Certainly the British Labour Party, riven by a war between its parliamentary representatives and much of its membership, is in a critical condition. At the same time, Jeremy Corbyn’s leadership has inspired a remarkable re-engagement with left-wing politics, even as his party slumps in the polls. His own views may seem frozen in time, but hundreds of thousands of people, many of them young graduates, have responded to his anti-austerity rhetoric, his candour and his shambolic, unspun style.

The EU referendum, in which as much as one-third of Labour supporters voted for Brexit, exposed another chasm in Labour – this time between educated metropolitan liberals and the more socially conservative white working class on whose loyalty the party has long depended. This no longer looks like a viable election-winning coalition, especially after the collapse of Labour in Scotland and the concomitant rise of nationalism in England.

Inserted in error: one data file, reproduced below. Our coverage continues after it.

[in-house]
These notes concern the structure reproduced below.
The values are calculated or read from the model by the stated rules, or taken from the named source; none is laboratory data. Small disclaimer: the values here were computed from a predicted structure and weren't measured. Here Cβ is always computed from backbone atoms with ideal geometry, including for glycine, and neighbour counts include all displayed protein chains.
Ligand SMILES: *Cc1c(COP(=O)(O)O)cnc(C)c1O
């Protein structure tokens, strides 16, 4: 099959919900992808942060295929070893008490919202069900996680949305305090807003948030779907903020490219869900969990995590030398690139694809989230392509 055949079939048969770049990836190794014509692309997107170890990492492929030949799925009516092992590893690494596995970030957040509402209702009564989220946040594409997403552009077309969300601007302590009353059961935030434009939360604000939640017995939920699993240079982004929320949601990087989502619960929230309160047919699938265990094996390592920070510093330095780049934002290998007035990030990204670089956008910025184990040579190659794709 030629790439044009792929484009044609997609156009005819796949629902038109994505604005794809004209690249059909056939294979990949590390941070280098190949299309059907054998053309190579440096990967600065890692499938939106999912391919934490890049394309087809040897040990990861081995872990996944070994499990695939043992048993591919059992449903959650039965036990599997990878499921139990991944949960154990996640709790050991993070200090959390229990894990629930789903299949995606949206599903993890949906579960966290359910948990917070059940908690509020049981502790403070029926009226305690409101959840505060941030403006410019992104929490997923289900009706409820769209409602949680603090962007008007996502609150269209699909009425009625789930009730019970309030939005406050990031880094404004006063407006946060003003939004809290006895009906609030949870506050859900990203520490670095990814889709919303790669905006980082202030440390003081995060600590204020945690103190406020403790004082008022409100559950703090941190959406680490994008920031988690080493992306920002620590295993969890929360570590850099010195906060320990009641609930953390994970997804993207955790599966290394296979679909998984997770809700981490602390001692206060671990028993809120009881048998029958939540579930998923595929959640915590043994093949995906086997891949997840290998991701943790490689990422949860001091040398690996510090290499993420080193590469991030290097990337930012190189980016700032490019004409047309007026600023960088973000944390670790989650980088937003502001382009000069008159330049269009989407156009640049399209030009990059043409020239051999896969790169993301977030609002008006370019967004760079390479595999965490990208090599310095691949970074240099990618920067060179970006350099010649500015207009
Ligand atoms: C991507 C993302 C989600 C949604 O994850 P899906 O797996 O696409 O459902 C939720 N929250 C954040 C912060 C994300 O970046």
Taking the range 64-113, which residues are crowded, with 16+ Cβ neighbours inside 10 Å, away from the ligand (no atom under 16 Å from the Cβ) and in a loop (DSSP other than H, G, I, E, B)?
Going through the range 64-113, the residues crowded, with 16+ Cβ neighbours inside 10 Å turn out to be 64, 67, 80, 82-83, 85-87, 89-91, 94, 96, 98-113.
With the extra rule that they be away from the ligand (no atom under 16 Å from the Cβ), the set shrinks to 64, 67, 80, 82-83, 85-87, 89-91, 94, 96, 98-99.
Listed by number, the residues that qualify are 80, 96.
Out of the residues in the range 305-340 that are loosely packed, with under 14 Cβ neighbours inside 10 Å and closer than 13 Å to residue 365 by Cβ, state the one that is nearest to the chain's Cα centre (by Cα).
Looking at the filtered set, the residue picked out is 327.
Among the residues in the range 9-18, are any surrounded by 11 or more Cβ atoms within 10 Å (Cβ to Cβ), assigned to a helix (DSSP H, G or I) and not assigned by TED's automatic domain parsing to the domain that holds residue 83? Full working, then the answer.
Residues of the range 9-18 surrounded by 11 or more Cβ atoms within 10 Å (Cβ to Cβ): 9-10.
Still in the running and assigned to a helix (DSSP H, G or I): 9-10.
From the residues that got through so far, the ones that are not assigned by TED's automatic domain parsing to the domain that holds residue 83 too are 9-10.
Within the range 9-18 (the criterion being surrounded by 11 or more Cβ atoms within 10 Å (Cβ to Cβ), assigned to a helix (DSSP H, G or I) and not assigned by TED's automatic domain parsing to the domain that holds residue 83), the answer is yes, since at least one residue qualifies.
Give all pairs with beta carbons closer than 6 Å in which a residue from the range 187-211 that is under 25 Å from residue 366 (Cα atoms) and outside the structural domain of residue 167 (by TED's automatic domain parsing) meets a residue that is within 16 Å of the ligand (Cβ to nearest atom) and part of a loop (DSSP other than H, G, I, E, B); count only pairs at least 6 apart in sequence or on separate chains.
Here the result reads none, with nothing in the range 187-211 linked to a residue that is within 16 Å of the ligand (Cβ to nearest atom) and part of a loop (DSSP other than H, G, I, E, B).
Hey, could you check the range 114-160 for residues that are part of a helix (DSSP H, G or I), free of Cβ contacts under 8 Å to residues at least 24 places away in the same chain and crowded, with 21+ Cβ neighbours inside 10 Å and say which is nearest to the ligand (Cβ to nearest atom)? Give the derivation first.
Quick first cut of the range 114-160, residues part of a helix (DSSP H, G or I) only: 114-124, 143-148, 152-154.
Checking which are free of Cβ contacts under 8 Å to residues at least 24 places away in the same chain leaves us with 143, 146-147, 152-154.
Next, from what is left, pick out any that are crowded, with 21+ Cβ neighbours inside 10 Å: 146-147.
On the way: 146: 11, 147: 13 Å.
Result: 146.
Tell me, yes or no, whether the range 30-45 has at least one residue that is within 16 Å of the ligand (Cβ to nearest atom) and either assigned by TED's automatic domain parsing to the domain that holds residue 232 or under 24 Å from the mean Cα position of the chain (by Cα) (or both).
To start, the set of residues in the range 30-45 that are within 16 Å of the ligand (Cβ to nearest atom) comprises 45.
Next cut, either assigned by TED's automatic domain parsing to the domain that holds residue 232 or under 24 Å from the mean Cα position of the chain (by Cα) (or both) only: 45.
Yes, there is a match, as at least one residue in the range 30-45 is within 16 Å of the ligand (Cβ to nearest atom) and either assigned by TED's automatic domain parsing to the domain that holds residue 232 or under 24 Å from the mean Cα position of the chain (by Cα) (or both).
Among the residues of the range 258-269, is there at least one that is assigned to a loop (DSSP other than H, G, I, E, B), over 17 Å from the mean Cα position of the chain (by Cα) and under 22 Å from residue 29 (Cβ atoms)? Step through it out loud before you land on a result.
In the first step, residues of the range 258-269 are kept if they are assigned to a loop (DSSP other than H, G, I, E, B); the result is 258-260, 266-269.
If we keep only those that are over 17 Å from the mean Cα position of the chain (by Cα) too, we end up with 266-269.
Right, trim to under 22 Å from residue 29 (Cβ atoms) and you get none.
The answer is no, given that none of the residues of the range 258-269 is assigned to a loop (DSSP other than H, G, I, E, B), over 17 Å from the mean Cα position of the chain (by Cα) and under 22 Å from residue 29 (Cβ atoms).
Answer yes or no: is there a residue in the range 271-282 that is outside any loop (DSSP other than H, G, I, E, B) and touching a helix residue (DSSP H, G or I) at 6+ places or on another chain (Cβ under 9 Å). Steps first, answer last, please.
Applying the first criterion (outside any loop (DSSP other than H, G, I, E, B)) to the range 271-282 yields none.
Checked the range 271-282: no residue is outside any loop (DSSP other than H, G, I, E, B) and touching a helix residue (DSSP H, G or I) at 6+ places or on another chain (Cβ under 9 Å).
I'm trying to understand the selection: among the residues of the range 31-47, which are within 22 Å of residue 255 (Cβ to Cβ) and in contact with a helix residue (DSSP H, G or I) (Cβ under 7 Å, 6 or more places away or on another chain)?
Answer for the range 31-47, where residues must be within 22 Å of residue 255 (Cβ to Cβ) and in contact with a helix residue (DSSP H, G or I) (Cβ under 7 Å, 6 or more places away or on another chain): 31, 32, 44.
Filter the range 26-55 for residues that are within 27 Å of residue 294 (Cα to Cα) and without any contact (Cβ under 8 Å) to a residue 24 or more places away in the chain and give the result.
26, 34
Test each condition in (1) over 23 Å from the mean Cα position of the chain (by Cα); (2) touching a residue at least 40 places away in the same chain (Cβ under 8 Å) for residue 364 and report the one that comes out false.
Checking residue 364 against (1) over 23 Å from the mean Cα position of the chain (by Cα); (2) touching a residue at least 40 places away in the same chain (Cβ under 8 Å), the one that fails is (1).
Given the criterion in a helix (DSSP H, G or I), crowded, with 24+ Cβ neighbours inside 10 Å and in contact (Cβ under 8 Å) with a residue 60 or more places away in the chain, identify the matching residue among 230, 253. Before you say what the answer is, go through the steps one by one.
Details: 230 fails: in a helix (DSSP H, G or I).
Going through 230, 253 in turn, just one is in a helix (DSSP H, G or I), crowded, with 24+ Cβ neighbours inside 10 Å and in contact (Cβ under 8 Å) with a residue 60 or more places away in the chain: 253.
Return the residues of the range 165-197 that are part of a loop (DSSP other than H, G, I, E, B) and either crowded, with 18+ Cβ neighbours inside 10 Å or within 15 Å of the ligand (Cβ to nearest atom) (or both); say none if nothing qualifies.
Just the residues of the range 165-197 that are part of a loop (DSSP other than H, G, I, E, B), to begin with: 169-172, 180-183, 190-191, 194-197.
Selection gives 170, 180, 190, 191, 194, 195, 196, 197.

In Marxism Today’s “New Times” issue of October 1988, Stuart Hall wrote: “The left seems not just displaced by Thatcherism, but disabled, flattened, becalmed by the very prospect of change; afraid of rooting itself in ‘the new’ and unable to make the leap of imagination required to engage the future.” Something similar could be said of the left today as it confronts Brexit, the disunities within the United Kingdom, and, in Theresa May, a prime minister who has indicated that she might be prepared to break with the orthodoxies of the past three decades.

The Labour leadership contest between Corbyn and Owen Smith was largely an exercise in nostalgia, both candidates seeking to revive policies that defined an era of mass production and working-class solidarity when Labour was strong. On matters such as immigration, digital disruption, the new gig economy or the power of networks, they had little to say. They proposed a politics of opposition – against austerity, against grammar schools. But what were they for? Neither man seemed capable of embracing the “leading edge of change” or of making the imaginative leap necessary to engage the future.